It hasn't been a good start to 2019 for Rory Best.
He walked into a media event yesterday with a medical boot on his foot, at least consoled by the fact the scans have shown he may even be back for the PRO14 League final, should Ulster make it that far.
In the meantime, the Ireland captain will have time to mull over where it all went so horribly wrong in the Six Nations.
"Knowing our coaching staff, they will have gone through it forensically.
"They'll know exactly what they will want," he said.
"When we come together again, the expectation will be that we will have had a look at it and see did we do anything differently, did we prepare differently?
"Did we take our eyes off the ball? Were we looking at the World Cup?
"I have heard people reference back to 2007.
"The beauty of this time is that 07 happened at the World Cup.
"This has happened at the Six Nations before it.
"We've got that wake-up call to say, 'right, something went wrong.'
"There's no point in us going, 'didn't happen, we'll be fine in September."
It would be naive in the extreme to sweep it under one of those luxurious carpets out in Carton House.
"I think we will be fine in September because we will look back at that and see a couple of things.
"We can't start the tournament slowly and, also, we've got to find a way to get that real intensity back for 80 minutes, like we had before."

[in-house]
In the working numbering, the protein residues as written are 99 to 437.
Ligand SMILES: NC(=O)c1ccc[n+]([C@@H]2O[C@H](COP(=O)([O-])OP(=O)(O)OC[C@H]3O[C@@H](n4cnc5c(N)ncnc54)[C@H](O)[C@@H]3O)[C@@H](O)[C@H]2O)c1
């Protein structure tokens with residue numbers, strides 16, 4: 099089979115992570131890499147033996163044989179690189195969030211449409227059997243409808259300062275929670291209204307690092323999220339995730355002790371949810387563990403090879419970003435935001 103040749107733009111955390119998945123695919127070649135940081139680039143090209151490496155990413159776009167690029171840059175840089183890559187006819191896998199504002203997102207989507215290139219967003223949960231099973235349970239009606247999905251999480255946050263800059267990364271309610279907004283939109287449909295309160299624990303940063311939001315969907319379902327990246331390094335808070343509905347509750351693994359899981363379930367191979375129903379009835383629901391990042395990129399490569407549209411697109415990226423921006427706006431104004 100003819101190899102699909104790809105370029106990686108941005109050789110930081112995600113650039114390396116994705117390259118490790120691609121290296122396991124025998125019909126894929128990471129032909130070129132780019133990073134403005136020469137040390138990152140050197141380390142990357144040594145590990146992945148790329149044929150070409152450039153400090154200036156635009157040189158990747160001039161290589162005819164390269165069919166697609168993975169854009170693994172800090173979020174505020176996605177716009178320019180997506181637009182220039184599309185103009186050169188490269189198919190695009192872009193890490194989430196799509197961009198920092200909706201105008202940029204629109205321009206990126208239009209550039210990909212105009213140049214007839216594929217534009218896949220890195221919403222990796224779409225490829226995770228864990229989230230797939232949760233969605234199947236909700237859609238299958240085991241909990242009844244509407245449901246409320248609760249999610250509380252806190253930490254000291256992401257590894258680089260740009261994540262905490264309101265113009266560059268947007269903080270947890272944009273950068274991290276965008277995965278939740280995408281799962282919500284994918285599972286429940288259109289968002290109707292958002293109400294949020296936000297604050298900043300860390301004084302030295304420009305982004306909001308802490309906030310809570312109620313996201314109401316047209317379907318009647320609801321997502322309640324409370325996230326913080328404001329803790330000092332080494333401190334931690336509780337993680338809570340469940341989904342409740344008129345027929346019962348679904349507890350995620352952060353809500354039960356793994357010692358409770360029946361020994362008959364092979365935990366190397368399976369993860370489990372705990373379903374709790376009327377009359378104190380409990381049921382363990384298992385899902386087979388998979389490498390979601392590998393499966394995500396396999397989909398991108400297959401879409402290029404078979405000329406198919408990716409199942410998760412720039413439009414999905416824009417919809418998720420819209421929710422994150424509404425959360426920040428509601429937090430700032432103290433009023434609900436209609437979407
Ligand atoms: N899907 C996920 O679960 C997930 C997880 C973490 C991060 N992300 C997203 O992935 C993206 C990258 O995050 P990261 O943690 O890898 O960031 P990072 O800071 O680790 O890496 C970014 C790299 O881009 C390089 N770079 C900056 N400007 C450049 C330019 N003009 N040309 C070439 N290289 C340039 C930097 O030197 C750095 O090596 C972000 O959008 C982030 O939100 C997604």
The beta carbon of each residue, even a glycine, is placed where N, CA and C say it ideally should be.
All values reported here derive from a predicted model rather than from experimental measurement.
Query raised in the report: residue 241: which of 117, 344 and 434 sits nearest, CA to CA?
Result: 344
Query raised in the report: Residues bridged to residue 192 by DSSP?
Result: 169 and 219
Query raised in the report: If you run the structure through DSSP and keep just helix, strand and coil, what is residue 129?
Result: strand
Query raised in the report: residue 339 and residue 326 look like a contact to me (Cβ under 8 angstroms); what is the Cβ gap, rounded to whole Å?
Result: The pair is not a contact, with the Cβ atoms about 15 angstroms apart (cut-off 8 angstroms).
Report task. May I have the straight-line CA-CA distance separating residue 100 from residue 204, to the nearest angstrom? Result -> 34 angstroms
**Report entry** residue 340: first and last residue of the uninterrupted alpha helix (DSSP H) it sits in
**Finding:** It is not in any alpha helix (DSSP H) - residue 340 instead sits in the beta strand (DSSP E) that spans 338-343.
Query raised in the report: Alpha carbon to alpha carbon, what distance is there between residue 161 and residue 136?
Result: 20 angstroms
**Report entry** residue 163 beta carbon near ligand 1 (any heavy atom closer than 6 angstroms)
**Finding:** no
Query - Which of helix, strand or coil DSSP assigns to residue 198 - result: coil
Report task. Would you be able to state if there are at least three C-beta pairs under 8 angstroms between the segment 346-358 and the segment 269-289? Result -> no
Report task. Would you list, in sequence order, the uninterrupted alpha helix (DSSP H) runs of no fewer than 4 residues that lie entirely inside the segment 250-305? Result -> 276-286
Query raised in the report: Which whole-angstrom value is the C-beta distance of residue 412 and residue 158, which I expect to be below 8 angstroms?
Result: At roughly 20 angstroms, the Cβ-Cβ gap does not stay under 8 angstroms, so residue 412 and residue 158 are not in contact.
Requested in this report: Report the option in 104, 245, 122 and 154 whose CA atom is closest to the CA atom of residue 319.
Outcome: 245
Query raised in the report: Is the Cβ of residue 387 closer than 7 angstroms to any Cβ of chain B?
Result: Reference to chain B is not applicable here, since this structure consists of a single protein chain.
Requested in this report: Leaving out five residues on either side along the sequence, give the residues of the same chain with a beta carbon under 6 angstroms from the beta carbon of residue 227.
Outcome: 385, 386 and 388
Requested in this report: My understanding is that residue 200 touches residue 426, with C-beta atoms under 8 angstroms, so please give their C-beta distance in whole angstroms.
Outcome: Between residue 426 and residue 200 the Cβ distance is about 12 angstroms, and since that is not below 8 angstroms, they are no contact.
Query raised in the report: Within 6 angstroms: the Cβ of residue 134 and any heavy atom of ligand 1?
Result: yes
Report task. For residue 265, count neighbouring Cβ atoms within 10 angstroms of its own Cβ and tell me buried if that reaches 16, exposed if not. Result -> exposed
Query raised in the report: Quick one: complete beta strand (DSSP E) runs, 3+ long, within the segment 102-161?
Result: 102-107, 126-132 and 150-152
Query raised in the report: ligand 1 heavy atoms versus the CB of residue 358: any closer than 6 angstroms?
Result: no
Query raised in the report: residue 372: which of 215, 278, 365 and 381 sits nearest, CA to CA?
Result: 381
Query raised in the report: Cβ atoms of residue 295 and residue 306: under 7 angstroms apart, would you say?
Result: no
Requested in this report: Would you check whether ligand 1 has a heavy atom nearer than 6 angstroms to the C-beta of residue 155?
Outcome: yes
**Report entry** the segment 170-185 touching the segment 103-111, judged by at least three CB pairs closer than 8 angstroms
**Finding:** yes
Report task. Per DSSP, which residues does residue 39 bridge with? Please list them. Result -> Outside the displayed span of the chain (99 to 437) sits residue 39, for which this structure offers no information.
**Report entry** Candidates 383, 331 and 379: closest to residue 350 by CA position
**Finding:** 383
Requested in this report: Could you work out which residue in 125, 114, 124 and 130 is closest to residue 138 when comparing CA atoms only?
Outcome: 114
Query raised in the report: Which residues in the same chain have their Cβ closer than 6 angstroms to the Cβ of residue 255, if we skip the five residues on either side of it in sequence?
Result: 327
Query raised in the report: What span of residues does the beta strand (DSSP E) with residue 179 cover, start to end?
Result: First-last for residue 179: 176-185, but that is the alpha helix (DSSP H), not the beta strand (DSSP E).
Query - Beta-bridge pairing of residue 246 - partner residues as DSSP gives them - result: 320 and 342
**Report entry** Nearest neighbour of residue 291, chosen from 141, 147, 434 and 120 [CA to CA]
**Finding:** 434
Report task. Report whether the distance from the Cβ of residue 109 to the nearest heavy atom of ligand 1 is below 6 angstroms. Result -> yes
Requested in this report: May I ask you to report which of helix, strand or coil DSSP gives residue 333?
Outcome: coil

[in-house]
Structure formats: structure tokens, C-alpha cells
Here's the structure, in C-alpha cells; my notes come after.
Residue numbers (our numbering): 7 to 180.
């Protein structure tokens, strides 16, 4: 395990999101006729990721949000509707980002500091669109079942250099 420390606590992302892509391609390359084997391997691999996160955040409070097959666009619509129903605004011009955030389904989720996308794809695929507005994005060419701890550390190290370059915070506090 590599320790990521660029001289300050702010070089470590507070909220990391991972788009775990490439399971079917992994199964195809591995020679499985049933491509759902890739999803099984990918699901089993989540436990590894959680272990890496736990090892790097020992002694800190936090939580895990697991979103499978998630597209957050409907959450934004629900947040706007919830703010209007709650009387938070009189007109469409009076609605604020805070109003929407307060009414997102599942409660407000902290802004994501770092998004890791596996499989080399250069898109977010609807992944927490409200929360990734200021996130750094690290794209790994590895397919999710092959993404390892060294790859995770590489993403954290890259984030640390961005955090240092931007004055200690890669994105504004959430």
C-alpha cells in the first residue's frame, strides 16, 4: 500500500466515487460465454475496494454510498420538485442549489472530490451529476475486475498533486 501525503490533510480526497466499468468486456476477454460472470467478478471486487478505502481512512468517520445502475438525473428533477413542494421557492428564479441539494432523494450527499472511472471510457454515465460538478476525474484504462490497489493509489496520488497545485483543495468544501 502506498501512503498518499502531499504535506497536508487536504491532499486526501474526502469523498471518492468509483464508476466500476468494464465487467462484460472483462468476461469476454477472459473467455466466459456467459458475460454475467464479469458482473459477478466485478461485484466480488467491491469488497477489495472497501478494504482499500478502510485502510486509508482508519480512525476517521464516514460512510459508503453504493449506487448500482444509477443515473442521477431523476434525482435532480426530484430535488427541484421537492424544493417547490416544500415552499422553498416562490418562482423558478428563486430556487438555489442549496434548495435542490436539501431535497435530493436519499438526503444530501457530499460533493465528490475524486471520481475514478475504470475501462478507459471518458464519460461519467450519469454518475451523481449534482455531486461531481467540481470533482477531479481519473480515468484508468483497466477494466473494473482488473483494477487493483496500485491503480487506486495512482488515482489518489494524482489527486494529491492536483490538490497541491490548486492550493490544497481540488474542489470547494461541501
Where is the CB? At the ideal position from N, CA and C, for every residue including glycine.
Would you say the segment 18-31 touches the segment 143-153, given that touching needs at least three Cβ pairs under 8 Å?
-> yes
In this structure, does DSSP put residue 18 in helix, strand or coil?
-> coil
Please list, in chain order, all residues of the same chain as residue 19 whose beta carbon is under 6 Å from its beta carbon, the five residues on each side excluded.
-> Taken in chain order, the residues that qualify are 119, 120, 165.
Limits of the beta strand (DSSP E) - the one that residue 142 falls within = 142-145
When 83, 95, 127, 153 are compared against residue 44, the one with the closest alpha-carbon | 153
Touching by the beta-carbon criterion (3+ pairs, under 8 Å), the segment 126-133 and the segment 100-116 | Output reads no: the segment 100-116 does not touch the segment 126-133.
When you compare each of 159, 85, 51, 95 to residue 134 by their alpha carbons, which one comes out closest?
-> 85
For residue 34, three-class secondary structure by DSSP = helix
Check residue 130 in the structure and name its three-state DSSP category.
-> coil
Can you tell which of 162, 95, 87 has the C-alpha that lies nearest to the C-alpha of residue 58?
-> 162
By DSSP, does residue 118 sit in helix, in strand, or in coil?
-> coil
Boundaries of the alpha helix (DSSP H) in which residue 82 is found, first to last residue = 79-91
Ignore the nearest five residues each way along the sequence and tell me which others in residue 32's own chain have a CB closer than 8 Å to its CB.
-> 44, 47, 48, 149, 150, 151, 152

It was certainly there when Ulster almost caused a shock in the Champions Cup quarter-final.
In a mirror image of what England did to Ireland, Ulster won the physical battle against Leinster.
They just couldn't finish off what they started at the Aviva.
However, the signing of Jack McGrath could just be the tipping point in Best's decision on whether to play on with Ulster after the World Cup.
"That is something where Ulster in their signings potentially in the past fell down,
"It was all about the ability, not the person. That's changed.
Certainly, the coaching ticket of Dan McFarland, Jared Payne and Dwayne Peel have pushed the standards and the narrow defeat to Leinster in Europe has given the 36-year-old pause for thought.
"It's strange, some day you wake up and you go, 'No, that's it, I'll get to the World Cup and I've done enough',
"Then, we get to occasions like Saturday and you kind of go, this is a team that actually, for the first time in a long time at Ulster, seemed to rise to the big occasion and you want to be a part of that.
"And then the news of Jack signing, you know, to play alongside Jack at club level would be class.
"But ultimately I've got to weigh everything up and not just have a knee-jerk reaction."
The confirmation that McGrath will move north to join Rob Herring, Marty Moore and the improving Eric O'Sullivan bolsters the front five's capacity to go toe-to-toe in Europe.
When Joey Carbery turned down the IRFU's initial invitation to join Ulster, it didn't look too rosy as a destination for players.
The move of Jordi Murphy and now McGrath is changing that perception.
"I'm sure it was a really, really tough decision for Jack to leave the club that he grew up wanting to play for.
"I hope he took encouragement from the way that the likes of Marty and Jordi have settled in."